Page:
CORRECTED-UPDATE 1-China to introduce tiered gas prices for household users

Fri Mar 21, 2014 7:09am EDT

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(Corrects in the sixth paragraph that the third tier covers any gas use above 95 pct of the household average, not the last 5 pct of consumption)

BEIJING, March 21 (Reuters) - China will introduce tiered natural gas pricing for residential use, with all cities consuming gas set to launch new pricing mechanisms by the end of 2015, a move that will help reduce excess consumption and raise revenues for towngas firms.

The world's top energy consumer is also a huge polluter because of its dependence on coal-fired power stations, and authorities are seeking to raise the share of natural gas in its energy mix to 8 percent by 2015, from around 5 percent now.

However, household gas prices have been capped at much lower levels than those for non-residential users, which the National Development and Reform Commission (NDRC) said has led to supply distortions and waste.

That in turn has helped to strain domestic gas supplies and increase the need for imports, which accounted for more than 30 percent of China's gas consumption last year.

Under the current pricing scheme, the more gas households consume, the more subsidies they can enjoy. The NDRC said less than 5 percent of households now consume nearly 20 percent of the total residential gas supplies.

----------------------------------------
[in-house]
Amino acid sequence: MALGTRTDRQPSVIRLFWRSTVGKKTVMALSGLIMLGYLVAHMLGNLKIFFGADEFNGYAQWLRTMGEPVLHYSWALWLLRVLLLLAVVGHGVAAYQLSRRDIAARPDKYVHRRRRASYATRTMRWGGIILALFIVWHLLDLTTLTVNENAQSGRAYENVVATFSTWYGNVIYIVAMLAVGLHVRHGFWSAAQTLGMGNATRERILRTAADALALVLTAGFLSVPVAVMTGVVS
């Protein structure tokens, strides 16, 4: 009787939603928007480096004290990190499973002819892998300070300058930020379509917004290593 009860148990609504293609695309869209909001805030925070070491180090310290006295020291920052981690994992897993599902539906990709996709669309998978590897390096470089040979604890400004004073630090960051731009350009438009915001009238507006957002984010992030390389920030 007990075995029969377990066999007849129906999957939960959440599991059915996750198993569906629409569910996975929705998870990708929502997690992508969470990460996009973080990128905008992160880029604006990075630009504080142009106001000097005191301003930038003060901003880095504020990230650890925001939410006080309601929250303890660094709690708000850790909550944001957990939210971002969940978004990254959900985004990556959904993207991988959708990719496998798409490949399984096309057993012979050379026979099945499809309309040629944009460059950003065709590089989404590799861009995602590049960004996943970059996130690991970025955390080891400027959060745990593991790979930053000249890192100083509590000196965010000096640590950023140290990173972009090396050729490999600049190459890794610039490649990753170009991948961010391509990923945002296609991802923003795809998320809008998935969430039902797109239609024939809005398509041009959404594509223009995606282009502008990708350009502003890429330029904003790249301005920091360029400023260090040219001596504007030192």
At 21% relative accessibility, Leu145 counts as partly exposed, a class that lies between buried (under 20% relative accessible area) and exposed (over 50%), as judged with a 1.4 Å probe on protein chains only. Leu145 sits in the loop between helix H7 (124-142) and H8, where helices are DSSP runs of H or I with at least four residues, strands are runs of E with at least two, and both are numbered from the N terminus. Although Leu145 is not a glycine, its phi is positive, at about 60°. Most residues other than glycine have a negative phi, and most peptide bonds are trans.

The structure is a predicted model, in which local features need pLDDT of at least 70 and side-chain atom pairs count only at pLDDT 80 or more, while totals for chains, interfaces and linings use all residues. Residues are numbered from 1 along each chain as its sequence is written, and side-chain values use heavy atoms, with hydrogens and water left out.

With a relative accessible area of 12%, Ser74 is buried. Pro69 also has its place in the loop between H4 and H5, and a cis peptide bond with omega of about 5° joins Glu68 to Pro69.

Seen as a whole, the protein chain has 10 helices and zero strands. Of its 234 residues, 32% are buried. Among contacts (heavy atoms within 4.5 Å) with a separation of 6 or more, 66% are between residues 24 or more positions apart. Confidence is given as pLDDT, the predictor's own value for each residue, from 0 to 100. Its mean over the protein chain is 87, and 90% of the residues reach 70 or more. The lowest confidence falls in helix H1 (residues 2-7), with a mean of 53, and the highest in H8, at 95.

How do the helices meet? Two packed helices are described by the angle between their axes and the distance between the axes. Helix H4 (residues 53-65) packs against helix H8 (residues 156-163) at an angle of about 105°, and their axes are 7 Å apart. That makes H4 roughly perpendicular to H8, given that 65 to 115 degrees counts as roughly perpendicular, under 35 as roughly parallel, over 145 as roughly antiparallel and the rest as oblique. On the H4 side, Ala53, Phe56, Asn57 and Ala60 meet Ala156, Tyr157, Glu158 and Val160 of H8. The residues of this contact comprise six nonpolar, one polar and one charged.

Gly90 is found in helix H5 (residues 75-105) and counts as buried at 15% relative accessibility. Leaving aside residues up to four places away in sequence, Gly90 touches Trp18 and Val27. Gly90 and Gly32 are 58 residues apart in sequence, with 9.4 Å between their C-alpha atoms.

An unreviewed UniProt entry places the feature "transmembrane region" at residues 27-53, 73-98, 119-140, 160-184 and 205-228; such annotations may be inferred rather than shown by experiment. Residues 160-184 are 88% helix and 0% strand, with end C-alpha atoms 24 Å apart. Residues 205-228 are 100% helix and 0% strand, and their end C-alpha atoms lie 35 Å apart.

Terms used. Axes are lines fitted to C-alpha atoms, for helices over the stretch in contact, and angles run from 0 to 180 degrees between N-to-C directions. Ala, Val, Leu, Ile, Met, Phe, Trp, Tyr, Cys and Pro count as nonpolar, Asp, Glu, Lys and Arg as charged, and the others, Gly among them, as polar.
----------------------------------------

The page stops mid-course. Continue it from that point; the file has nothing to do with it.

The NDRC, the top economic planning agency, said three pricing bands would be introduced by the end of next year, with the first covering 80 percent of the average monthly consumption volumes for household users, and the second the next 15 percent. The third tier would cover any consumption above 95 percent of the monthly household average.

"Towngas companies will be the biggest beneficiary," said an analyst with China's largest gas producer CNPC.

China last July raised the price that local distributors pay for gas for non-residential use by 15 percent, the first nationwide move to reduce losses incurred by state-owned gas producers and importers as a result of artificially low domestic prices. Prices for residential use were not raised at that time. (Reporting by Judy Hua and David Stanway; Editing by Paul Tait and Tom Hogue)

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